© 2012 Joshua Stark
March is surely going out like a lion, but yesterday and today we've had a slight precip. reprieve. With the weather clearing, the kids and I were crazy outside all day long, preparing Mommy's garden bed (for her upcoming herb garden), training the boysenberry, pulling bolting bok choy, feeding the cabbage patch, cutting fence posts and birdwatching. Today it's more of the same, but with a little less enthusiasm (I make the Hippo on the Lawn look like a Marvel superhero, so I'm a tad sore).
The big news for me is hunting, interestingly enough. Turkey season opens tomorrow and my cousin has access to land. Archery-only, and the rain has kept me out of practice, but the day before yesterday I took the old Versorger down and flung three arrows into a turkey-sized circle, so I'm happy.
Versorger is the name of my first-ever recurve bow. I bought it about seven years ago, before doing any real research into recurves and longbows, partly because I was really itching to go to a stick-and-string (lose the training wheels, as they put it), and partly (about 90%) because my wife said, "Let's just buy it." It didn't have a name back then, except "htg. 56"" scribbled on the limbs, and I had to do some real googling to discover that it is an AIM recurve. I did know, from the salesman, that it was a 55 lb. bow, which means it takes approx. 55 lbs. of pressure to keep the bow drawn 28 inches, a typical draw length. Since I'm built like a gibbon, this turned out to be a problem.
If you don't know much about archery or archery terms, let me introduce you to two: "Stacking" and "pinch." If your only exposure to archery is obsessively watching Ted Nugent, then go get help; also, you might think that the first term represents a good quality, ala "whack 'em and stack 'em", the profound, entirely original and eloquent phrase used by Msr. Nugent to summarize his hunting philosophy. However, amongst archers "stacking" refers to the degree of difficulty in pulling the last few inches of the string to one's face. On bows without training wheels, drawing the bow becomes progressively more difficult for each inch. On high quality recurves and longbows, the last few inches feel as smooth as nearly every other inch, i.e. each inch of pull on the bow results in ~ two pounds of extra force. On Versorger, the graph of my draw weight looks like a launching Polaris missile at the last two inches. In my head, I get fooled every time: I begin the draw, and it feels smooth, smooth, smooth, up to where the string dances in front of my nose. Then, as I pull to anchor my hand to my face, I hear any number of tendons begin humming, popping, and relocating themselves to awkward and inappropriate places. The bow starts dancing around in my hand, and my face takes on a Looney Toons appearance. Instinctively, I jam my head forward, because that string just won't move.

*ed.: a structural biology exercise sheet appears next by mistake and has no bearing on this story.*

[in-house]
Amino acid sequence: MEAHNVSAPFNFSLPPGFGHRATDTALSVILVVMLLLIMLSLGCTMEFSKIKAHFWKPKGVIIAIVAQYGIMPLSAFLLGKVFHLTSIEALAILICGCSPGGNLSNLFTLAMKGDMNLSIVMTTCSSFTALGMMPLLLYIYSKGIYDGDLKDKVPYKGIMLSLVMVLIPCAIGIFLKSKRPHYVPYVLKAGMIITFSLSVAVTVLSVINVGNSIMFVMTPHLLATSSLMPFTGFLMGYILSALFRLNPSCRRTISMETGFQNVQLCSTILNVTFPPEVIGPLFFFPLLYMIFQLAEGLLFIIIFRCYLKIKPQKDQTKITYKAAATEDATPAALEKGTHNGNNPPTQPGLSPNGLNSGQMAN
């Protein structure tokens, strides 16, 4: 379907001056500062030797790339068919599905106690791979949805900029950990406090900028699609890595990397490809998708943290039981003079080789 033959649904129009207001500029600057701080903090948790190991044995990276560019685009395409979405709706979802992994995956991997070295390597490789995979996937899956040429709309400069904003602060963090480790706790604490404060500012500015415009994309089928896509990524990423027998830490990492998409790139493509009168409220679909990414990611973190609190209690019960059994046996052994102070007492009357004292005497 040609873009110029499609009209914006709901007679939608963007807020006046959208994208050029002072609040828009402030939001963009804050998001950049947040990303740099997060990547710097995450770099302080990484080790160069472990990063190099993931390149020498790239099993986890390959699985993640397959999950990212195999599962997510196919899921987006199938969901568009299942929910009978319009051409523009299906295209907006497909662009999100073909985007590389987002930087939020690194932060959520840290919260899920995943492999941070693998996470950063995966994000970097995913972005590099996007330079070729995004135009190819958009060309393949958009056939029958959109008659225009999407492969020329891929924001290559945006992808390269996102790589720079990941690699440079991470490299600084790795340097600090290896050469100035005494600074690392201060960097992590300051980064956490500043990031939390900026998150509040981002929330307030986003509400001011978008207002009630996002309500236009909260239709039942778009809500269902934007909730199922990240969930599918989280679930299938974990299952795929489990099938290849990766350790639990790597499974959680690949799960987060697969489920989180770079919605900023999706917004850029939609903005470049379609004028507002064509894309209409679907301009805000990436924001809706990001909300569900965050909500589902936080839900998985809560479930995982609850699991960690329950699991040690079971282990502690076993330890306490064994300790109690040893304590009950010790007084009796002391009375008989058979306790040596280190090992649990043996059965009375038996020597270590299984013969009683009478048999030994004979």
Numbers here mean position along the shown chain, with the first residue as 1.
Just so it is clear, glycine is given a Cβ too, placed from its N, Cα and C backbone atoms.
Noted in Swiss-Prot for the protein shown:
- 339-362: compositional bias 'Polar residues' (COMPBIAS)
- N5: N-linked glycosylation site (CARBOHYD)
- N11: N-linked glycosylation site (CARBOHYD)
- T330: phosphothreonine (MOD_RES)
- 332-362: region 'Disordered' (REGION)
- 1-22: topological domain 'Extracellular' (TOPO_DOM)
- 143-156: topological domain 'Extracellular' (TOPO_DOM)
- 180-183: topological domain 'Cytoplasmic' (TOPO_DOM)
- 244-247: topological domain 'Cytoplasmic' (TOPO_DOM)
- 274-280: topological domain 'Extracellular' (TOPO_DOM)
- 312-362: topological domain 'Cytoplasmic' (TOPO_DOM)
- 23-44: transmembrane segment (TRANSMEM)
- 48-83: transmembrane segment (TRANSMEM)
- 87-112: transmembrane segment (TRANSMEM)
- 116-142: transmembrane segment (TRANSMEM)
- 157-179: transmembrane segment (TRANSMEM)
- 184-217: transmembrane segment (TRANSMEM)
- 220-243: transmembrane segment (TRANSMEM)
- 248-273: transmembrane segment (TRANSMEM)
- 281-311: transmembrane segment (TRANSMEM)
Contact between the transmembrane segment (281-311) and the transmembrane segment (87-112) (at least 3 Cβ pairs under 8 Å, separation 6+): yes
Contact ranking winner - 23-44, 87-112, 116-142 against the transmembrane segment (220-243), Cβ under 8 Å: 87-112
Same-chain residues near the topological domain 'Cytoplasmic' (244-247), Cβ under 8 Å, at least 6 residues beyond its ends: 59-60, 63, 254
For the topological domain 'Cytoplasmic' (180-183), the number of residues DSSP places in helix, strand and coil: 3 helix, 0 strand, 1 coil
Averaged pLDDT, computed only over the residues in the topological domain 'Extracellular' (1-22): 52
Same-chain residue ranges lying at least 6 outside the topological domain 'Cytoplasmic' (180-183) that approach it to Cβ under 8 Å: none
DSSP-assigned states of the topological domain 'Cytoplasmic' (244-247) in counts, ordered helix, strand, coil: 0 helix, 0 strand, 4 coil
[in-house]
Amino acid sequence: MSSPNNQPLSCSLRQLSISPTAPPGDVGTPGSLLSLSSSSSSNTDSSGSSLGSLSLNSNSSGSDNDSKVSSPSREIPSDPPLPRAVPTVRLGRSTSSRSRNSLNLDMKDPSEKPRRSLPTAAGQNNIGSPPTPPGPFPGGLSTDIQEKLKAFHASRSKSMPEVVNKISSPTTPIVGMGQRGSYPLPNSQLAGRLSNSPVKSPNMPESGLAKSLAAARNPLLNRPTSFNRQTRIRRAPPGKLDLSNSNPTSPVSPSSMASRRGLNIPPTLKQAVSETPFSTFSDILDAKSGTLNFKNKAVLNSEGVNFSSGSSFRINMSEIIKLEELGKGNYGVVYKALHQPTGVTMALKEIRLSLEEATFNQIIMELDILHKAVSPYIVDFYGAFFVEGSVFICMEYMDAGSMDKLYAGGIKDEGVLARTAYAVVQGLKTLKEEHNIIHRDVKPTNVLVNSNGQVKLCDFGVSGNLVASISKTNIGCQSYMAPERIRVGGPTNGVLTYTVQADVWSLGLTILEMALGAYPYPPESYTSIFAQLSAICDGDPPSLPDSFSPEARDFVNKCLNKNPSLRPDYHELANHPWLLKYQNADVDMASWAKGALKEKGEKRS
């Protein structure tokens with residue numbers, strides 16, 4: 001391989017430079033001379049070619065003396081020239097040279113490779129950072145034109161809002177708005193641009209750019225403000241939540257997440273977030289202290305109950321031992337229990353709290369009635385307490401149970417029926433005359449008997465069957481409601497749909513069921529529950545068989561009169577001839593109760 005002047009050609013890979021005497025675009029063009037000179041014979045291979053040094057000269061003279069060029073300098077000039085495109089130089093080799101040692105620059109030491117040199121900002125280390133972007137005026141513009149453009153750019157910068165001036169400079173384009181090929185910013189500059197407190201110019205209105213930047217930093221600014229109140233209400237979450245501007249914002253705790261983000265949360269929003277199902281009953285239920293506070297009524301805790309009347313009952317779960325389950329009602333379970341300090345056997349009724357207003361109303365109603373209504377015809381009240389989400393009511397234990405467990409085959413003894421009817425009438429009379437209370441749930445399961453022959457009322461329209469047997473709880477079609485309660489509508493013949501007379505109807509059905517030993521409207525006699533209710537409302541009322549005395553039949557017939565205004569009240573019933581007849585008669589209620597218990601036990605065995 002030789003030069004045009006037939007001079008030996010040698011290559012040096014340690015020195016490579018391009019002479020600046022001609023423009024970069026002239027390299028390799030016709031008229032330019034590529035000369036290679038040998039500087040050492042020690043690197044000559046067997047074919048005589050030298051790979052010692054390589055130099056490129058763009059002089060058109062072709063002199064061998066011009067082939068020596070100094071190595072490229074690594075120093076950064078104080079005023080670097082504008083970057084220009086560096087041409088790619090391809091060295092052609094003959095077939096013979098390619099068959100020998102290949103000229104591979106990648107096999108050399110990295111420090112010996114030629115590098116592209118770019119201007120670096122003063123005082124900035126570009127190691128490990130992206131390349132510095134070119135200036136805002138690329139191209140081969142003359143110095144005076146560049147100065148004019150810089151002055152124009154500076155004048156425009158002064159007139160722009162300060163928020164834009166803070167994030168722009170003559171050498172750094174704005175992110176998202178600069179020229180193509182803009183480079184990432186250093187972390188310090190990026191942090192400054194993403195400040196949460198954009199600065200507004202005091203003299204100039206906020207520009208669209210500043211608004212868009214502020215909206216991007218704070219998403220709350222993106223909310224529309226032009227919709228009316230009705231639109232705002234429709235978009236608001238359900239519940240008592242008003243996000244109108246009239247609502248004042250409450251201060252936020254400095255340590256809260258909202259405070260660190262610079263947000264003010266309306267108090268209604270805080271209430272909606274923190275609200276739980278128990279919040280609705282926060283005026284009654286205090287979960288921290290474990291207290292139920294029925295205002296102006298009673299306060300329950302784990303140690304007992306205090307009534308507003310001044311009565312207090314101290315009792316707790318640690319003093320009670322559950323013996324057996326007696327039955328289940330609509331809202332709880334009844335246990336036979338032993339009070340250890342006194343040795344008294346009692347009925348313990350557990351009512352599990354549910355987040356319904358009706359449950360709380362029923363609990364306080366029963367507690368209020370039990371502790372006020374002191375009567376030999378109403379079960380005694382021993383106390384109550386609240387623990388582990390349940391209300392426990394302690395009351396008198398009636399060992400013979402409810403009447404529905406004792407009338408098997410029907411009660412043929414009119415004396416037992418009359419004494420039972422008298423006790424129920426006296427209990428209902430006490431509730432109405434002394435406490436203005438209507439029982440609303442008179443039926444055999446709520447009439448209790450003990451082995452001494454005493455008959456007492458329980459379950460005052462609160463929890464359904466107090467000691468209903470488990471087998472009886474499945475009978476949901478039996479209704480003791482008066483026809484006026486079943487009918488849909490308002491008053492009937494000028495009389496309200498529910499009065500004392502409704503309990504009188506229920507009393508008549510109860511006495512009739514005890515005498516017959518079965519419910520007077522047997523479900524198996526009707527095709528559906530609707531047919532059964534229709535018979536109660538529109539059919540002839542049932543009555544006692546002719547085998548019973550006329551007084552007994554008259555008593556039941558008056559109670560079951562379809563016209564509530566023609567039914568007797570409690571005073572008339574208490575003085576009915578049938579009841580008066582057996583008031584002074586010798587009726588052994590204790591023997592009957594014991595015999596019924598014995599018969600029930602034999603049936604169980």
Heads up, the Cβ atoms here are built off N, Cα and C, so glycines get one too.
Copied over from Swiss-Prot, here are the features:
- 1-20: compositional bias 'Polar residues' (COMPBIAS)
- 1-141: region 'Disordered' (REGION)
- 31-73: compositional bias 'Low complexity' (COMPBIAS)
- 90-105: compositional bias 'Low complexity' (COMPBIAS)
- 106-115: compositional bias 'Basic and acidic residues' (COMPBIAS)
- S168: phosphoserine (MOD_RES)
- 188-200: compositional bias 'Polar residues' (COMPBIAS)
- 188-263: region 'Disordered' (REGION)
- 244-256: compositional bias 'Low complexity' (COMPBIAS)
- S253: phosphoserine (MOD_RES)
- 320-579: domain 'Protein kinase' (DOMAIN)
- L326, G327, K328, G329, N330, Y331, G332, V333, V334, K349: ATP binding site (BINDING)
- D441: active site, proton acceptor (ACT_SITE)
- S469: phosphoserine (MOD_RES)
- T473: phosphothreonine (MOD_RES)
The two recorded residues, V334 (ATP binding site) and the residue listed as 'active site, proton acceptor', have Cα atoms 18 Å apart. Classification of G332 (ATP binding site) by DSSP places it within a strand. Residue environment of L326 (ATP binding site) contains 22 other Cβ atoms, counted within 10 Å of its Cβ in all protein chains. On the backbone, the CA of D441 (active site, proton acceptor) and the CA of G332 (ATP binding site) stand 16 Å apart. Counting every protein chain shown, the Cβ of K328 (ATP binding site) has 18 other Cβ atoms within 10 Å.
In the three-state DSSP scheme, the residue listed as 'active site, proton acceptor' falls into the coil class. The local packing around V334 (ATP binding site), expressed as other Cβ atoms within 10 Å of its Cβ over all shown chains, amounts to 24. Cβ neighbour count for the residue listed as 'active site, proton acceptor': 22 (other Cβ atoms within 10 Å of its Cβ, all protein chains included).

I could blame the bow, but part of it is my fault. You see, even though I'm 5'11", my draw length is closer to thirty inches than twenty-eight, but the bow was built for the "typical" draw.
The other term, "pinch" is exactly what one might think it is: it is the angle of the string at your fingers at full draw. Mine tries to fuse my fingers to the arrow, and has resulted in me shooting three fingers under (which I actually prefer anyway).
I've drawn bows that cost hundreds of dollars more, and I know why they do. It's easy to see how spending good money up-front can save you hospital bills in the long run.
Why did the bow get the name Versorger, you ask? Our last name is Stark, which is German for "strong" (like calling a tall guy "shorty"), and, upon my first kill with the bow (a beautiful little coast blacktail it instinctively hit right between the eyes even though I was aiming for the chest - a story for another day), I needed a word to show how it had provided for my family and gave me strength. Google translated "versorger" as a German word meaning bringer or provider, and so Starke Versorger it was. So what that I later learned the term means "caterer"?
So in conclusion I hunt with a recurve bow that may or may not take a finger with it one day and that has caused my right eyeball to permanently stick out about 1/4" further than my left. But, it magically kills with head shots.
In my hunting enthusiasm earlier this week I took a trip to a "local" outdoor store to see if I might be missing any essential equipment. I actually went to see if I could afford a Magnus turkey point. I love Magnus broadheads, and I love the concept around these kinds of turkey heads, but they were sold out. The other brand of this broadhead type went for forty dollars, which is laughable, so I left the archery department empty-handed, and probably for the best.
On my way out I passed - and drooled at - a ghillie suit. I think I was a ghillie in a past life. Alas, I can't justify that to myself, even, much less my wife.
I also walked through the clothing aisle, knowing full well that there are some nice, quality American-made hunting clothes on the market (like Pointer Brand jeans and Danner boots). Just not in this market. Or any brick-and-mortar establishment in California, for that matter. No, this place had a number of the "cool" brands on hand, and for the same price as one can get American-made stuff.
I was also hoping the store would have a corkboard up with hunting dogs for sale, but no luck there, either. The check-out lady said that folks bring their dogs to the doors on weekends sometimes, but that didn't satisfy my insane dog craving.
Later today my cousin is coming over to sight in his bow, or rather tune his arrow-launching apparatus (his has all manner of technical gadgetry). I'll have more on that, hopefully with pictures.